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7 Fun, Uplifting and Powerful Reads That Have Kept Me Sane in 2020

7 Fun, Uplifting and Powerful Reads That Have Kept Me Sane in 2020

Christine Beyleveldt

Like the other women here at Coffee & Smiles, I was a reader before I was a writer. And if this pandemic-filled, truly exhausting 2020 summer has reminded me of anything, it’s that literature is one of the most pleasant forms of escapism. Whether you’re heading to the beach and need a cheeky paperback to toss in your tote or are looking for something a little more profound in our unprecedented world, these titles will either leave you smiling or thinking.

Beach Read, Emily Henry

Some books are meant to be read by the beach, and this one is no exception. What happens when a romance novelist who no longer believes in love finds herself decamped in a beach house next to her college rival and bestselling author for the summer? As Henry herself will tell you, everyone will finish a novel and no one will fall in love. Whether you choose to believe that is another story.

The Last Train to Key West, Chanel Cleeton

Cleeton has a way of conjuring imagery that will have you rapidly flipping pages as you’re lost in each scene.

Three womena wife looking for a way out, a Cuban newlywed on honeymoon and coming to terms with her new husband’s shady business dealings, and a runaway searching for the older brother who abandoned hercross paths over the course of the Labour Day long weekend as the most powerful hurricane in the history of the Florida Keys barrels toward them.

The Rosie Project, Graeme Simsion

An unlucky-in-love genetics professor with Asperger’s syndrome and a young woman searching for her father cross paths in this charming meet-cute that will melt your heart. Professor Don Tillman has a questionnaire to filter out potential spouses as he embarks on his wife project, something he sets aside when he meets Rosie. He’s deliciously outspoken in a laugh-out-loud sort of way.

A House in the Sky, Amanda Lindhout and Sara Corbett

This gut-wrenching true story has an intensely powerful message: never lose hope or despair, even in the darkest of times. Amanda Lindhout’s message of hope despite spending 15 hellish months as a captive in Somalia will ease even the heaviest of souls.

Where the Crawdads Sing, Delia Owens

This one is a little different, but a delight all the same. As summer winds down and we head into shorter, chillier days, you’ll want to curl up on the couch with a mug of tea while you read Owens’s breakout novel that became an overnight success. Set on the marshes of North Carolina in the 1960s, Kya grows up alone, yearning for her mother, taking solace in the natural world and the critters who inhabit it.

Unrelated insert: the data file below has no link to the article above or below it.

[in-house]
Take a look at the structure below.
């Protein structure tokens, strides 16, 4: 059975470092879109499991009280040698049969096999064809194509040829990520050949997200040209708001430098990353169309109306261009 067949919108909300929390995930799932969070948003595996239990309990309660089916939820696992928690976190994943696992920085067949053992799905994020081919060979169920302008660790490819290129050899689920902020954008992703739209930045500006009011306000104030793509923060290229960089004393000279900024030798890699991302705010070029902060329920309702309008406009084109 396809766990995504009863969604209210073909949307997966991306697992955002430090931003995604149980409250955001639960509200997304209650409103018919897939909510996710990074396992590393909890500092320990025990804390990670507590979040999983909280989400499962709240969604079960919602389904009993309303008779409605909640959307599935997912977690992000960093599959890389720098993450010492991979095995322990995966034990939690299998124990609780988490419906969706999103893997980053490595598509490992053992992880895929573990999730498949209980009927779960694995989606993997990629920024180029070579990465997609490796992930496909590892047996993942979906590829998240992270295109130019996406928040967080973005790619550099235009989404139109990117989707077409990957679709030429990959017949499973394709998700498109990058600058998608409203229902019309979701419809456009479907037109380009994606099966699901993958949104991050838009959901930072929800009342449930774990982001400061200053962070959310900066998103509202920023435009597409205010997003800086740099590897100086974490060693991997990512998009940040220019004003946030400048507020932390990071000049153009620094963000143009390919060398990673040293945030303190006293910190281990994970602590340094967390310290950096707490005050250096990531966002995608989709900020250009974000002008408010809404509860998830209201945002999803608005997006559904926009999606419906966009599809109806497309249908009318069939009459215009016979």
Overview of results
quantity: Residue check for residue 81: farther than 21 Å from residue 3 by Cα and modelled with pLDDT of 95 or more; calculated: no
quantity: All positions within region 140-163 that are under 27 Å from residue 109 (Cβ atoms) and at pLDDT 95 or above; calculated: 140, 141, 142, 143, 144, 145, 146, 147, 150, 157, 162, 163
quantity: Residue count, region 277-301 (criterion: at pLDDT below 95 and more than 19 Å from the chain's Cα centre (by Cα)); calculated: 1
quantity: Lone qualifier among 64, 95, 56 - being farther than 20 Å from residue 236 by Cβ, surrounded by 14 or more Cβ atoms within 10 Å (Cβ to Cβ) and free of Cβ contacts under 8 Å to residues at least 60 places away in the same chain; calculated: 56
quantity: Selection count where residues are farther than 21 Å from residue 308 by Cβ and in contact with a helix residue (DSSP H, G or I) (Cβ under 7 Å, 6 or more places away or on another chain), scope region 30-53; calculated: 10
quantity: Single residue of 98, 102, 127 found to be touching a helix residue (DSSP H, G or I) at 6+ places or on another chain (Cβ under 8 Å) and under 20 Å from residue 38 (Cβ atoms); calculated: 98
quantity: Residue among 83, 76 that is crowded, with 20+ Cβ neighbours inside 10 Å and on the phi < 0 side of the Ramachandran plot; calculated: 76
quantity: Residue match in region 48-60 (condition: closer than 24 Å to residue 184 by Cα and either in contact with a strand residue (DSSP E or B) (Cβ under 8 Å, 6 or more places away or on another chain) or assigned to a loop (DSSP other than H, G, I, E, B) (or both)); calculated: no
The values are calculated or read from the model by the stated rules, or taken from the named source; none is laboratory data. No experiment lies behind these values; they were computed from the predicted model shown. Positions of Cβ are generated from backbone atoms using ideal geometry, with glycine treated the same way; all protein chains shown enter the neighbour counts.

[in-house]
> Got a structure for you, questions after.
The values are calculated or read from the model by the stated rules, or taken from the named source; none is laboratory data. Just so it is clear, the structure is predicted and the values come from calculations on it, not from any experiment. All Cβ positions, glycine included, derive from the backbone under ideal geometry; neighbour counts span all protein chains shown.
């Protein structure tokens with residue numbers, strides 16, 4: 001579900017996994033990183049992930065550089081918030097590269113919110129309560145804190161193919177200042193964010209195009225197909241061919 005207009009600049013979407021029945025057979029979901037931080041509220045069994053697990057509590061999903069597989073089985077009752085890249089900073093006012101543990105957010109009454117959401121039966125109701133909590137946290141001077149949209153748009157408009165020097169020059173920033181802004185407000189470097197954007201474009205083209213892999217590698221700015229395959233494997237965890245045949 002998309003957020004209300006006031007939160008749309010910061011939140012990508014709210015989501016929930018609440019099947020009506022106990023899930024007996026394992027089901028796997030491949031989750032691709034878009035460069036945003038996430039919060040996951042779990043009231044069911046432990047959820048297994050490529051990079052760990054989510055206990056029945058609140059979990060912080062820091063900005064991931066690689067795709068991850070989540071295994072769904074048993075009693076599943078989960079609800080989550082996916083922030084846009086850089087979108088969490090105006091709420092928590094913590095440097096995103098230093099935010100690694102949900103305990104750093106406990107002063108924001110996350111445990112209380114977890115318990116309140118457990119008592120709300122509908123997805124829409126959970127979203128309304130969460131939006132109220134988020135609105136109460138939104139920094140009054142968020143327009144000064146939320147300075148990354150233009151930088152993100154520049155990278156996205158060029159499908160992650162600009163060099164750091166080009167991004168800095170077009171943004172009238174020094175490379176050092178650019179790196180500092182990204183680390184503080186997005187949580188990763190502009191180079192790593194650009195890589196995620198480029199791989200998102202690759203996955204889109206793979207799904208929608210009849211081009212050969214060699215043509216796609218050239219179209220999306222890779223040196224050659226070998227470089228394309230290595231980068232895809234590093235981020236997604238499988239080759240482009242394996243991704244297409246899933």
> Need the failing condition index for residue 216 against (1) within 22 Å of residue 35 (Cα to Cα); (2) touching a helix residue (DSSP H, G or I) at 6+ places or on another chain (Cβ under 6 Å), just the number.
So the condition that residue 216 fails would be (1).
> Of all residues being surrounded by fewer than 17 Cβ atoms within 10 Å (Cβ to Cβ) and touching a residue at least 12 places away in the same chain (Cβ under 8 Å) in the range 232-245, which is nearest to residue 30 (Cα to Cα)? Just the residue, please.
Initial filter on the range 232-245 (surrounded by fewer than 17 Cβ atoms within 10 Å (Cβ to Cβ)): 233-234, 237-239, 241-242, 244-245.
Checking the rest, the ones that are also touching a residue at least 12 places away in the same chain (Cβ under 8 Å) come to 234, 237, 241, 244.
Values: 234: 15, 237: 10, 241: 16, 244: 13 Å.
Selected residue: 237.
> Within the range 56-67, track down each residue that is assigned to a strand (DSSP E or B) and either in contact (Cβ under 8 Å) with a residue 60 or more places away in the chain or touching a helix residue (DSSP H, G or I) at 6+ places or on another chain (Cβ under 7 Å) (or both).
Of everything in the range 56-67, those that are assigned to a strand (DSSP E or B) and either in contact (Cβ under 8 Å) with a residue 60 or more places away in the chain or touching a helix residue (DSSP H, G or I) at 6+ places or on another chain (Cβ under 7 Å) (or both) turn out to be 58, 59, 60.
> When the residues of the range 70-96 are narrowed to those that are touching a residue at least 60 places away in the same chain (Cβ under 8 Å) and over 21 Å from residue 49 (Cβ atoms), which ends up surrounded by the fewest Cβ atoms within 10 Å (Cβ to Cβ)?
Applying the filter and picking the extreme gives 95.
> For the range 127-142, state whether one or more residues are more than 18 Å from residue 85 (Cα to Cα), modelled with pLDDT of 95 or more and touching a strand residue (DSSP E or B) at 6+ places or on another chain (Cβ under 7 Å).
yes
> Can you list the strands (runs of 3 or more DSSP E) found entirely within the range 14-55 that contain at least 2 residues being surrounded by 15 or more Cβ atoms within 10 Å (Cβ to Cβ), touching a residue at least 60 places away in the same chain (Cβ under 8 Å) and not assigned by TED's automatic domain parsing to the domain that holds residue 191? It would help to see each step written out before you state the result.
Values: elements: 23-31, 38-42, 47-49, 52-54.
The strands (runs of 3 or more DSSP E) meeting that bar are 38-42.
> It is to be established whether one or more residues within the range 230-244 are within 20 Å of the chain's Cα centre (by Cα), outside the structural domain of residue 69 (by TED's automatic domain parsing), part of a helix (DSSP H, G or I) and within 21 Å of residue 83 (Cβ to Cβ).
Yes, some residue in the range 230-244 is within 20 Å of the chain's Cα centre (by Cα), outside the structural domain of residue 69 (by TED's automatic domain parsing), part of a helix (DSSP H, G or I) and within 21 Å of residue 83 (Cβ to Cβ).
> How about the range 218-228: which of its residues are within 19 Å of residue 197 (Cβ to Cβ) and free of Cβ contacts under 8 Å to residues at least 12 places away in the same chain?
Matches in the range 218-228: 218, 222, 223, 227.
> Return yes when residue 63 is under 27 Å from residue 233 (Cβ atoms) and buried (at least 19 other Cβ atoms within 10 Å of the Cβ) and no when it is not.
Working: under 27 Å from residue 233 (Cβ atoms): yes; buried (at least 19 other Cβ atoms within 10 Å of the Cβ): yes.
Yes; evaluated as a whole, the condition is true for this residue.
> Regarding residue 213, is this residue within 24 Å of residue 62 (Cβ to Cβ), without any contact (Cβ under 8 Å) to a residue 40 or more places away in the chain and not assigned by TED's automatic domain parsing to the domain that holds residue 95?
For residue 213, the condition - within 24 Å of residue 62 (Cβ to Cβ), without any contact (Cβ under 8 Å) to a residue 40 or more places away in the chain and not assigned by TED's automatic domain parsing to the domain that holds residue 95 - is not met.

This is a story of learning to trust after heartbreak and betrayal, deftly woven with a murder mystery after the town’s star quarterback is found dead. It’s a story as bittersweet as the crawdad’s song (if they could actually sing, that is).

See Also

Untamed, Glennon Doyle

Doyle’s style evokes a relatable sense of yearning, to be more than what you are currently, and to be perfect. It’s exhausting. Untamed is what happens when women abandon the world’s expectations of them and liberate themselves.

Had It Coming, Robyn Doolittle

I absolutely adore Doolittle. As a young journalist learning to navigate the power of the media, I idolized her, especially after she published her two-year-long investigation into sexual assault reporting in Canada in February 2017. Her reporting became even more real when the #MeToo movement started that fall.

“The fury that many women are experiencing and voicing right now is real and warranted, and writing 70,000 words about it would have been cathartic…I could have taken that Molotov cocktail of resentment, lit it on fire, and lobbed it into the world, screaming, ‘Burn it all down!’

That’s a book that would have earned me a lot of love on Twitter… But that is not the book I’ve written.” No. This book is a very fair look at the world as it is today, and it might just change your perspective on a few key issues and on the very culture we exist in.


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